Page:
To back this explanation, this research uses theories that explain the Court's behavior as the result of institutional design, of the political, social and economic context in which it operates, and the decision-making possibilities these factors grant the court.48 These studies have been used to analyze various courts around the world, and reach the conclusion that the principal obstacle for a court to decide to undertake a change toward extending its constitutional jurisdiction over human rights, is the fact that the courts are weak organizations within the political system, especially in authoritarian systems, making them cautious in action and, therefore, preventing them from easily promoting change in that sphere. For a court to do so it must first obtain independence from the political system.49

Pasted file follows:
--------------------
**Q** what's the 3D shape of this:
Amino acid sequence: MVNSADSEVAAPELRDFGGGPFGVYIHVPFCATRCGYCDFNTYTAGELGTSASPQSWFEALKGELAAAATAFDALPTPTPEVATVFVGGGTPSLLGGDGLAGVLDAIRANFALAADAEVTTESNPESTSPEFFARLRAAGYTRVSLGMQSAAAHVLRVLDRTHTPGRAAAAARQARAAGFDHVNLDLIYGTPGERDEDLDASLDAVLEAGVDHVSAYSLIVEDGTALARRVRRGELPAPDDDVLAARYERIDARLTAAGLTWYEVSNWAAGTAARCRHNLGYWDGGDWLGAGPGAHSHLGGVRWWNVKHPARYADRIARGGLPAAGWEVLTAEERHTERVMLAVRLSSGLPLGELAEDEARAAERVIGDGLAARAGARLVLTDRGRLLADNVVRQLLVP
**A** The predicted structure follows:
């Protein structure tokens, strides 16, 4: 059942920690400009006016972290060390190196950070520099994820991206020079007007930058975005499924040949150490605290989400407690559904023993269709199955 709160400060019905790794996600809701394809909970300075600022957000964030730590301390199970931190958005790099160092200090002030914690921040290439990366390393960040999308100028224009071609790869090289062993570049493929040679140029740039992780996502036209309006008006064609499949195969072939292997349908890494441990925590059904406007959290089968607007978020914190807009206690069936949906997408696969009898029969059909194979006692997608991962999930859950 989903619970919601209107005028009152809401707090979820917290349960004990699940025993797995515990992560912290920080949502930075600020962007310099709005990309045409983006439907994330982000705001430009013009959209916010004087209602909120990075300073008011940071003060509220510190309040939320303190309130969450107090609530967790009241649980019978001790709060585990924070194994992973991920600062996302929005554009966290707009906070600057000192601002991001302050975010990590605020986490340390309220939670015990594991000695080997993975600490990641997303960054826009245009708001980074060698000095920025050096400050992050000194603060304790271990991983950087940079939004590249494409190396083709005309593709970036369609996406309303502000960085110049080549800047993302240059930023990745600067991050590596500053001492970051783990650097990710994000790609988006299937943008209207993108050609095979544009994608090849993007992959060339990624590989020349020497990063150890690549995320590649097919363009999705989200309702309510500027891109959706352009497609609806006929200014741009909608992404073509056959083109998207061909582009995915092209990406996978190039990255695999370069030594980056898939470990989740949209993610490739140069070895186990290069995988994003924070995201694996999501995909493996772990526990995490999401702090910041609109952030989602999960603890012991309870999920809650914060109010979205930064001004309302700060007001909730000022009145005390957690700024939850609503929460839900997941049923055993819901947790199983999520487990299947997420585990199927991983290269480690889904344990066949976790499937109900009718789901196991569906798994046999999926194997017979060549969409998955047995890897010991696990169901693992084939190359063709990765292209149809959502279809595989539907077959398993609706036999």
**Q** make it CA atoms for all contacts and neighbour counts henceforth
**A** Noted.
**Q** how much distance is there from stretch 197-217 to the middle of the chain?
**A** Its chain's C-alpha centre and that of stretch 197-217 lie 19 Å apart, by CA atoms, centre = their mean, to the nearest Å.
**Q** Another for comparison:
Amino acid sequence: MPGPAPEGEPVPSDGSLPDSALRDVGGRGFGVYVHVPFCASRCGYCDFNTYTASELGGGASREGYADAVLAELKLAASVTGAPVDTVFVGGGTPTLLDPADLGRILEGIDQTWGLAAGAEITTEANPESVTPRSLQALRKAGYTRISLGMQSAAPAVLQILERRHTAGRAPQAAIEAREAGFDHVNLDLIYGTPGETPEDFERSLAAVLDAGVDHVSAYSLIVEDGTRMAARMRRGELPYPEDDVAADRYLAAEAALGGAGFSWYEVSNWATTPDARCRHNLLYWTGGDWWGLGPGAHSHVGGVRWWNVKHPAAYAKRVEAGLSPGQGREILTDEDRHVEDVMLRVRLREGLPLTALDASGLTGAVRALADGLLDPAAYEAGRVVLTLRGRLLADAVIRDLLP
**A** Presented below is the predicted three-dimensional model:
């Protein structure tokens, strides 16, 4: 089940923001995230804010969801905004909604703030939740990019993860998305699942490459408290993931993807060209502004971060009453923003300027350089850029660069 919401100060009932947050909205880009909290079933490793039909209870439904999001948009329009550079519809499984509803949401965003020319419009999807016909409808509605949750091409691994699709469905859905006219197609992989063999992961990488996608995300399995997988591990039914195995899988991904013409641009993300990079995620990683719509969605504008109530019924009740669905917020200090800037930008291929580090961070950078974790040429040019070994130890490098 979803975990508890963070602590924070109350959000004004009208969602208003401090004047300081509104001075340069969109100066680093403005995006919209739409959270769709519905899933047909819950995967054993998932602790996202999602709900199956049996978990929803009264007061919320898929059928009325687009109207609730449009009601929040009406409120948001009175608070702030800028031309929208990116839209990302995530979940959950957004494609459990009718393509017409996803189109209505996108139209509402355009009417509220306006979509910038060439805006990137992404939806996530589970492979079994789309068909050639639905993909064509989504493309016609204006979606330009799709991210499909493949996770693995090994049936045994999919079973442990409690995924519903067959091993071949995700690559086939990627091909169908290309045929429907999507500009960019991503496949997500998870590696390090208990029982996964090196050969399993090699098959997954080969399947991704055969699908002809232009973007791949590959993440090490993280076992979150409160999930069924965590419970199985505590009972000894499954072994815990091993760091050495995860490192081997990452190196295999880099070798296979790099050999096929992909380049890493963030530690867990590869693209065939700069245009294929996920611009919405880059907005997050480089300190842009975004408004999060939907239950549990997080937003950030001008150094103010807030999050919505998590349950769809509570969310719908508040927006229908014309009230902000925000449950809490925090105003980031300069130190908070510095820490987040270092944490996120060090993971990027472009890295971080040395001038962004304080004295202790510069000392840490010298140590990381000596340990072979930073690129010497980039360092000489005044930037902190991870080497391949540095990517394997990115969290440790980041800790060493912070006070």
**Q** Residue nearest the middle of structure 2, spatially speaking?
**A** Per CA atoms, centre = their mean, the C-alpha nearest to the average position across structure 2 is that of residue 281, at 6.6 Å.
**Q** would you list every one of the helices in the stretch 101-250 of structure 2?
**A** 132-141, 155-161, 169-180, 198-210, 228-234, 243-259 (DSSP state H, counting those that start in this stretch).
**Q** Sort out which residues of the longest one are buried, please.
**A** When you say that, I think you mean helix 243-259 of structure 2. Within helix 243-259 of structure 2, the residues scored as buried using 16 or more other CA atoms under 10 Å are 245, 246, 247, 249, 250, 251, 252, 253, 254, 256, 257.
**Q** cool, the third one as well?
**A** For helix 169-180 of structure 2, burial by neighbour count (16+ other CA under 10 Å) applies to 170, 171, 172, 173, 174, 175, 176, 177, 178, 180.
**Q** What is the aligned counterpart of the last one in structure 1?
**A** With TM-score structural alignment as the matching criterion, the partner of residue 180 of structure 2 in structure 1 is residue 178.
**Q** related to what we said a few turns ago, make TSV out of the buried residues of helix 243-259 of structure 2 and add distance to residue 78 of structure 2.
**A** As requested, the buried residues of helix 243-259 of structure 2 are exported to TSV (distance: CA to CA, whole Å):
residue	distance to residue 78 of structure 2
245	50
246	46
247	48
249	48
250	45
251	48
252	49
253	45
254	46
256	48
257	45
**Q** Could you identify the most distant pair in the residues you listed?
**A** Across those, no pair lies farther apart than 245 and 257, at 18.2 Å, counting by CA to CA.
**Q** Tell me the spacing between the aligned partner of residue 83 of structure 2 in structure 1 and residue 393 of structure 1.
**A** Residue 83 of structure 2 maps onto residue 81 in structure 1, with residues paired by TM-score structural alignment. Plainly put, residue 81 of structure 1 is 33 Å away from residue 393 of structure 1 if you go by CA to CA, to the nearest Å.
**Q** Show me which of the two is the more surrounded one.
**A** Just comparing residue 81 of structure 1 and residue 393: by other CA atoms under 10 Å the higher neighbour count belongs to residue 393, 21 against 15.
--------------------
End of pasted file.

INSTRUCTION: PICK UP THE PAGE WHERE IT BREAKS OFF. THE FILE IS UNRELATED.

On occasion, principally in the case of a constitutional court, acquiring independence can be directly related with the Court's function in constitutional jurisdiction expressly in dealing with human rights if the institutional design is ideal for such an action, which makes for a smoother road toward the judges' taking action on the topic. However, in the case of courts like the SCJN, whose jurisdiction over the field does not appear to be the express intent of the legislature, these courts must gain independence within the system by other means before increasing their participation in human rights. Only when the court is perceived as independent is it possible to seek greater participation in the jurisdiction of human rights. Once the court has achieved sufficient independence to attempt to expand its constitutional jurisdiction over the topic of human rights, it begins to pay attention to the reaction of the political social and economic context, attempting to legitimate its jurisdictional intervention into human rights. If it receives a favorable response, it continues such participation. If it receives a negative reaction, the tribunal may moderate its ambitions or the rejection is might be such that the political power moves to restrict the court's labor via legislative action or via the repositioning of some or all of the members of the court. In order to achieve such legitimacy in the subject, the court must use strategies of legitimation that permit it to negotiate negative reactions that might emerge from the social context and the political system.50